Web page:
FIGS. 4 and 5 provide further details of an embodiment of cassette 30. FIG. 4 shows the cassette 30 at its first longitudinal end 44 with base plate 40 and wall 42 and finger 76. Furthermore, the first slot 52 with its ends 56, 58 and second slot 54, with its ends 60, 62 can be seen. Furthermore, a second additional pair of slots 80, 82 can be seen, here the first slot 80 is placed at the opposite side of the base plate 40 and does not interfere with first slot 52 of the first pair. However, due to the overall design second slot 82 of the second pair typically interferes with the second slot 54 of the first pair, and they cross each other at the position 84. The purpose of the second pair of slots will be explained in further detail below. In general, it allows the opening of a cassette in an opposite direction. Going back to FIG. 3 it can be seen that axis 26 is supposed to move through slot 54. The second slot of the second pair 82 would however cause problems at the intersection point 84. Therefore, a blocking component 86 is snapped into the second slot 82 of the second pair, with for example an oval configuration 88, which allows the blocking component to snap in. It can be seen that corresponding provisions 90 are provided in the slots 54, 82, if the opposite slot is to be blocked. The exact configuration of the blocking components can of course be different than those shown in the appended drawings, but in general should prevent the movement of the cassette in a manner that would cause an axis to move through an undesired slot.

FIG. 5 shows a further enlargement of a portion of FIG. 4 essentially presenting further details of slots 54 and 82. The blocking component 86 with its special configuration 88 to fit into the provisions in the slot 90 can be seen in greater detail as well. Particular attention is drawn to the configurations 92, 94 at each end of slots 54, 82, although the same could be provided at only one respective end. Longitudinal openings are provided, so that a small portion is designed, so that it can slightly be moved. The purpose of this configuration is to allow axes 26 to snap into the respective end positions 60, 62 (see FIG. 3). This facilitates the use of the cassette 30, the snap in prevents an unintended movement of the cassette during the handling with the cassette for achieving the desired modifications. It goes without saying that this is only an example for a special design configuration to allow such snap in positions for holding the cassettes in place, both in the closed as well as in the open position. For someone skilled in the art it is possible to identify any other means to achieve the same purpose, including what may be referred to as a detente. Accordingly, the invention is not limited to the design as shown in the FIG. 5.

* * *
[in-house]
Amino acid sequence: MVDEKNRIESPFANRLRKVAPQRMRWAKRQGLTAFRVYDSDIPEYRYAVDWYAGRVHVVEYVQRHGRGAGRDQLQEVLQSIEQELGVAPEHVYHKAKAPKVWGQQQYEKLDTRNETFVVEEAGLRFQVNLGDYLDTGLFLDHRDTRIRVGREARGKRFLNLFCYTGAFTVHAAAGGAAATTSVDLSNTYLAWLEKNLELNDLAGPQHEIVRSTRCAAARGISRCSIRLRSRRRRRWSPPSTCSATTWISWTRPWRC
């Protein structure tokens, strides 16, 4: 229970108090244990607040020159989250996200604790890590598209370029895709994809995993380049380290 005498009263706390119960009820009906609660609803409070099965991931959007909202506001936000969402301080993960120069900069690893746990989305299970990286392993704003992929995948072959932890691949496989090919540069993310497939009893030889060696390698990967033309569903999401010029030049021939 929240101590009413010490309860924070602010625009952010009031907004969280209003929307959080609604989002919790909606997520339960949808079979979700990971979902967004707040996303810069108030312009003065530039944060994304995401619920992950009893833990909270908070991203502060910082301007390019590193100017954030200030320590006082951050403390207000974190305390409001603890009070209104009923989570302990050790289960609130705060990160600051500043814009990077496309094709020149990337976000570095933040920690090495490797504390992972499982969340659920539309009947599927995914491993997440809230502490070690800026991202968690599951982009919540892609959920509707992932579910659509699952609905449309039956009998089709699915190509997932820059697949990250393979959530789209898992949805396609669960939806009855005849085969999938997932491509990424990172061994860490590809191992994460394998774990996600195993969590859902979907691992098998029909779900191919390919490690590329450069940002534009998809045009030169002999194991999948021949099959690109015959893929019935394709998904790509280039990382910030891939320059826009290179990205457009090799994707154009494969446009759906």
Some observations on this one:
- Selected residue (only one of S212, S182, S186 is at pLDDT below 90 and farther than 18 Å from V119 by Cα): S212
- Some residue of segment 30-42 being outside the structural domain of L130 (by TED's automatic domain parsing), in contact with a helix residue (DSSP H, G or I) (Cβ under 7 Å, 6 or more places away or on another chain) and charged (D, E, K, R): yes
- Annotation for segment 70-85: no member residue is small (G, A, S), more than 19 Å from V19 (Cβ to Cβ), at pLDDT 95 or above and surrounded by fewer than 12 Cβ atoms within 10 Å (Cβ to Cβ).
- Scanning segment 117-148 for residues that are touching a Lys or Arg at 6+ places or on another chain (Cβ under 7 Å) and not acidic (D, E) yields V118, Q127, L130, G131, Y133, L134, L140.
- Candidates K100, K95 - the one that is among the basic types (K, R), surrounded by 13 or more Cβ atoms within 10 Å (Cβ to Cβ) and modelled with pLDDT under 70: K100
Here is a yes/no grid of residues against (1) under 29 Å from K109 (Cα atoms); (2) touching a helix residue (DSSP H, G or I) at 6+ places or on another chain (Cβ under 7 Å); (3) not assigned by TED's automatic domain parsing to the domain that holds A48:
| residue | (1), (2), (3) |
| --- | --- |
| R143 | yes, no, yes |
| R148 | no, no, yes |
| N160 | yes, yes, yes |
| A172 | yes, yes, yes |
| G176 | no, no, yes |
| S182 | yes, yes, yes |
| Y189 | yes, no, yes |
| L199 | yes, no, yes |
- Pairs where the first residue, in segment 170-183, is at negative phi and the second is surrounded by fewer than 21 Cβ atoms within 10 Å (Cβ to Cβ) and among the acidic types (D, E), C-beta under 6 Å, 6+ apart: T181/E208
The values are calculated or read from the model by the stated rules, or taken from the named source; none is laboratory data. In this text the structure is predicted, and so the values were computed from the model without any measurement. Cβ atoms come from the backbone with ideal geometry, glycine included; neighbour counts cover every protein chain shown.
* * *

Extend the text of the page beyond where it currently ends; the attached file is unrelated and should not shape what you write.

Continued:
FIGS. 6 and 7 illustrate in more detail the purpose of the use of a first pair of curved slots 52, 54 and a second pair of curved slots 80, 82. The configuration in FIG. 6 essentially shows the positioning of the cassette and the axes 24, 26 that are supposed to hold cassette 32 as in FIG. 3, mainly in a closed position. Axes 24, 26 touch or at least are close to touching slot 52, 54 at their ends 58, 62 opposite the first longitudinal end 44. The blocking component 86 is arranged in slot 82. When moving cassette 32 out in this direction, it is guided by axes 24, 26, which then pass through slots 52, 54 until they reach the ends 56, 60 close to the first longitudinal end 44. As described above typically the cassettes when they are opened are accessed from the top. It may be desirable to move the cassette out not from the first longitudinal end as shown in FIG. 1 but for whatever reason from the opposite end. In order to avoid the need to mold a second component, the double configuration with the two pairs of slots 52, 54 and 80, 82 allows the use of the very same component for this alternative arrangement where for example the cassette is not moved from the right but from the left side or vice versa. This alternative configuration can be seen in FIG. 7. Here the same kind of cassette, which is then movable from the other side, is guided again through the axes 24, 26, which however move in slots 80, 82. In the closed position they touch or are at least close to touching the ends 98, 102 opposite to the first longitudinal end 44 as shown. In the open position the axes are guided along the slots 80, 82 until they reach the opposite ends 96, 100 close to the first longitudinal end 44 as depicted. The blocking component 86 accordingly is placed into slot 54.